“Go and tell my servant David, ‘This is what the Lord says: Are you the one to build me a house to dwell in? I have not dwelt in a house from the day I brought the Israelites up out of Egypt to this day. I have been moving from place to place with a tent as my dwelling. Wherever I have moved with all the Israelites, did I ever say to any of their rulers whom I commanded to shepherd my people Israel, “Why have you not built me a house of cedar?”’

“Now then, tell my servant David, ‘This is what the Lord Almighty says: I took you from the pasture, from tending the flock, and appointed you ruler over my people Israel. I have been with you wherever you have gone, and I have cut off all your enemies from before you. Now I will make your name great, like the names of the greatest men on earth. 10 And I will provide a place for my people Israel and will plant them so that they can have a home of their own and no longer be disturbed. Wicked people will not oppress them anymore, as they did at the beginning 11 and have done ever since the time I appointed leaders over my people Israel. I will also give you rest from all your enemies.

“‘The Lord declares to you that the Lord himself will establish a house for you:

16 Your house and your kingdom will endure forever before me; your throne will be established forever.’”


God’s Promises

In this passage, we have Nathan, a prophet, who has an encounter with God during a dream one night. During this dream, God tells Nathan to relay the information he gets to David, a servant of God. The message that Nathan receives is one of a promise to David. This promise includes God’s presence with him all of his days and wherever he may roam, and that David will have an everlasting kingdom that will endure forever through God.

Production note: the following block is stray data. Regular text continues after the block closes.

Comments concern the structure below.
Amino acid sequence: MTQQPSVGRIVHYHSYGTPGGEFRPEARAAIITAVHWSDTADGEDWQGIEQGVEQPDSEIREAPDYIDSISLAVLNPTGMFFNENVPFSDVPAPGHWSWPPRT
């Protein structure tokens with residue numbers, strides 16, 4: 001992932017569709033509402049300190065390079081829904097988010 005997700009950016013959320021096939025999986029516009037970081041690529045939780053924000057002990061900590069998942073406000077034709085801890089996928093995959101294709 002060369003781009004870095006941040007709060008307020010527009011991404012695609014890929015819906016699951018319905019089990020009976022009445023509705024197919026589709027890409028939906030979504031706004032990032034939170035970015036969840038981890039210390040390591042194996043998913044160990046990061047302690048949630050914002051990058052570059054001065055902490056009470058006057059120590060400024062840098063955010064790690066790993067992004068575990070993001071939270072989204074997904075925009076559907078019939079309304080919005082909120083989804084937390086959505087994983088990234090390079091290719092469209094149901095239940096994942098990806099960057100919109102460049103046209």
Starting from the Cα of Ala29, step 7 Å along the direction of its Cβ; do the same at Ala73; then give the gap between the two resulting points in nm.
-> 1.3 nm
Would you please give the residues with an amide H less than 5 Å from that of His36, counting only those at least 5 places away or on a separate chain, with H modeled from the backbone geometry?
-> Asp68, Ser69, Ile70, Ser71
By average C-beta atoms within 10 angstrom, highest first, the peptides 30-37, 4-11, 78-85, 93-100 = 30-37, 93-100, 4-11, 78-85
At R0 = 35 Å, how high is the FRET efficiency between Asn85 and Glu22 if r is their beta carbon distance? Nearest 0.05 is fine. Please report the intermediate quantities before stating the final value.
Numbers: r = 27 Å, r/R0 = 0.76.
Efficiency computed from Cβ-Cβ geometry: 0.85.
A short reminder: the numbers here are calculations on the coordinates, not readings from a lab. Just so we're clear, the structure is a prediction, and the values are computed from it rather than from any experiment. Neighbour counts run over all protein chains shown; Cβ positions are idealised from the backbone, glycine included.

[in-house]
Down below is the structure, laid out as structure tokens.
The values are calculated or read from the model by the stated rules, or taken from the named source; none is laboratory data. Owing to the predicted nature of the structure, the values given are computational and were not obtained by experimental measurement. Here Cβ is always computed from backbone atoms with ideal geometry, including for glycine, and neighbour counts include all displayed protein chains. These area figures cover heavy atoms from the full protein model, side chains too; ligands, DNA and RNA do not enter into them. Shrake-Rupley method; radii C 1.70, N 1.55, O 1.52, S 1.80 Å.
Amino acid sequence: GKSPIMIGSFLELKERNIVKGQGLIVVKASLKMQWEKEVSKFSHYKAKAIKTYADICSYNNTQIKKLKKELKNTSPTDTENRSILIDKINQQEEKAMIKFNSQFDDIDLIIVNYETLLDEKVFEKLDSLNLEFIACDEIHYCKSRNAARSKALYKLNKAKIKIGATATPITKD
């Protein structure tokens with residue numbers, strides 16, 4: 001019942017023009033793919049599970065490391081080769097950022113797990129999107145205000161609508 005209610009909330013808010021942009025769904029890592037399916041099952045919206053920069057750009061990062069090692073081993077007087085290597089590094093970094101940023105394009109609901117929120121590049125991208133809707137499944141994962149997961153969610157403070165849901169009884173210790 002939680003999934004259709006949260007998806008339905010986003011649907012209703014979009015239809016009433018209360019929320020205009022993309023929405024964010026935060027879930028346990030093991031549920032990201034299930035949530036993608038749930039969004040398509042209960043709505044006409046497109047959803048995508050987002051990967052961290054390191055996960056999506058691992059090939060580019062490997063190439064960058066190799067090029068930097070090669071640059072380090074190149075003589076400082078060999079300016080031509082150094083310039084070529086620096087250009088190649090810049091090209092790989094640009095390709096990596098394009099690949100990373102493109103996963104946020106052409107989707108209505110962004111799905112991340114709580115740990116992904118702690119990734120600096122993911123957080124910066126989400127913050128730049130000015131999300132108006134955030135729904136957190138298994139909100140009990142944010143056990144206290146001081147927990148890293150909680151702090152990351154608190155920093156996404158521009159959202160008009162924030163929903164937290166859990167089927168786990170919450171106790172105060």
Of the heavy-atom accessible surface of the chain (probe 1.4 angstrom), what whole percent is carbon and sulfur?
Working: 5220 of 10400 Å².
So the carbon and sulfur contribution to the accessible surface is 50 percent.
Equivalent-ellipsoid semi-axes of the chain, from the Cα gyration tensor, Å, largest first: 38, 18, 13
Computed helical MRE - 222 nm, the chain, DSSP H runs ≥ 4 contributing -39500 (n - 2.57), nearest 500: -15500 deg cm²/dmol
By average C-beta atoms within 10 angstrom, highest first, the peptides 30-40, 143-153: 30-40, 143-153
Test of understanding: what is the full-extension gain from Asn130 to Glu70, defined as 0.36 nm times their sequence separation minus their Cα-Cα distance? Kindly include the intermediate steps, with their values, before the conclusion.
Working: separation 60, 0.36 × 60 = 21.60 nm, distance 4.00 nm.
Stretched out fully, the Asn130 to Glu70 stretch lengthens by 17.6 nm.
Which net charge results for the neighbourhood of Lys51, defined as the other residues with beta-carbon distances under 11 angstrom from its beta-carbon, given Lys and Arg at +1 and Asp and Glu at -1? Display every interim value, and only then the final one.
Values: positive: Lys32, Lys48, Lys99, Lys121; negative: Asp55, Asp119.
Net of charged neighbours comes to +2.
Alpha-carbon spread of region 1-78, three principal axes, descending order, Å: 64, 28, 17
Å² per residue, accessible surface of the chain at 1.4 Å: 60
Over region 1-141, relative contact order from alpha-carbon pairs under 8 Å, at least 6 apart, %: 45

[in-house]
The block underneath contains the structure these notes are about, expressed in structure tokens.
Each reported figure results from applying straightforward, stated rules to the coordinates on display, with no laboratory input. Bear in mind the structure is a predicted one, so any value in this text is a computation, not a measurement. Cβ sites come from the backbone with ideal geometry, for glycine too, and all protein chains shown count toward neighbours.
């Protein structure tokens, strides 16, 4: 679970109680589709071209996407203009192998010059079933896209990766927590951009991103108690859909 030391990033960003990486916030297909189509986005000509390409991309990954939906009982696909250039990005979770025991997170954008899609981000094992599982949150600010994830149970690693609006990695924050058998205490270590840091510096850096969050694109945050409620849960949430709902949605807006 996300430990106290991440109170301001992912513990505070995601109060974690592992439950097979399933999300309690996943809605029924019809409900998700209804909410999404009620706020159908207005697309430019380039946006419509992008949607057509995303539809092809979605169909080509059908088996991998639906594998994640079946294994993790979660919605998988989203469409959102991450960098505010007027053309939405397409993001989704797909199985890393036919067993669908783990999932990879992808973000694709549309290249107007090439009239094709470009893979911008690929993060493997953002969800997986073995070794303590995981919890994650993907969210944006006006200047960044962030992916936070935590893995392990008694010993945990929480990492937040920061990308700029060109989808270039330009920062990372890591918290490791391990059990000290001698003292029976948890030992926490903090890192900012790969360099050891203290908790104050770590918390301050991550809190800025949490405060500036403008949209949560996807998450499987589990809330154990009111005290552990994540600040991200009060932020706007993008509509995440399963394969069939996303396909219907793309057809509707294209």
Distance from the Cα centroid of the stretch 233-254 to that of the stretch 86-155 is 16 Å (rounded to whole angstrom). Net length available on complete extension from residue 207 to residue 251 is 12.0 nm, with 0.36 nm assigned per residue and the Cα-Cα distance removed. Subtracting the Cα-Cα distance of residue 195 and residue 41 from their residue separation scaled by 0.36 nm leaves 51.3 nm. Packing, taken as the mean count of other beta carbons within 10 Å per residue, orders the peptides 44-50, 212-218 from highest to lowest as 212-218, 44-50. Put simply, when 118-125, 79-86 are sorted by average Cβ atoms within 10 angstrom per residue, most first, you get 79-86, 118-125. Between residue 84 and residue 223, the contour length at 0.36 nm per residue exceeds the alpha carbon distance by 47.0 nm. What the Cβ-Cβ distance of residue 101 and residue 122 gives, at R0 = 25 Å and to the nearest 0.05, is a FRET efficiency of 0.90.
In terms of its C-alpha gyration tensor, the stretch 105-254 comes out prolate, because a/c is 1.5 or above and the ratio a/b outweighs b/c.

Later on throughout scripture, we see this promise to David become complete when Jesus, son of God, heir of David, is born in Bethlehem to Mary and Joseph. Jesus grows up and saves creation through his sacrifice to allow everyone to have a relationship with God.

As we go on through our daily lives, God’s promise to David is still true for us—that He is with us all the time and will never leave us. Sometimes when life gets tough, we feel lost, lonely, and like we are just going through our daily routine until something new comes along to bring joy to our lives again. During these times, we must try to remember that God is with us 24/7/365 and He is going nowhere! God also brings joy to our lives in many moments throughout every single day, and it’s up to us to recognize them and give the glory back to Him.

Throughout this advent season, let us remember as the body of Christ that we are never alone and that God never takes back His promises. Jesus, son of God, is our promise to have a relationship with the Creator and security in our future, and we can all experience the love of God and promises He has for each of us every day that we live.

Brandi Young is a junior at SC majoring in Religion/Philosophy and Business Administration and minoring in Music/Worship and Discipleship. Brandi is the Student Administrator for Worship Outreach and the Mission Chair and Kingdom Committee leader for Discipleship.

Sun, 21 Dec 2014 14:31:51 -0600 (Southwestern College)
<![CDATA[Psalm 126 (Chapel)]]>  
Psalm 126 (NLT)
1 When the Lord brought back his exiles to Jerusalem,
it was like a dream! 2 We were filled with laughter,
    and we sang for joy.
And the other nations said,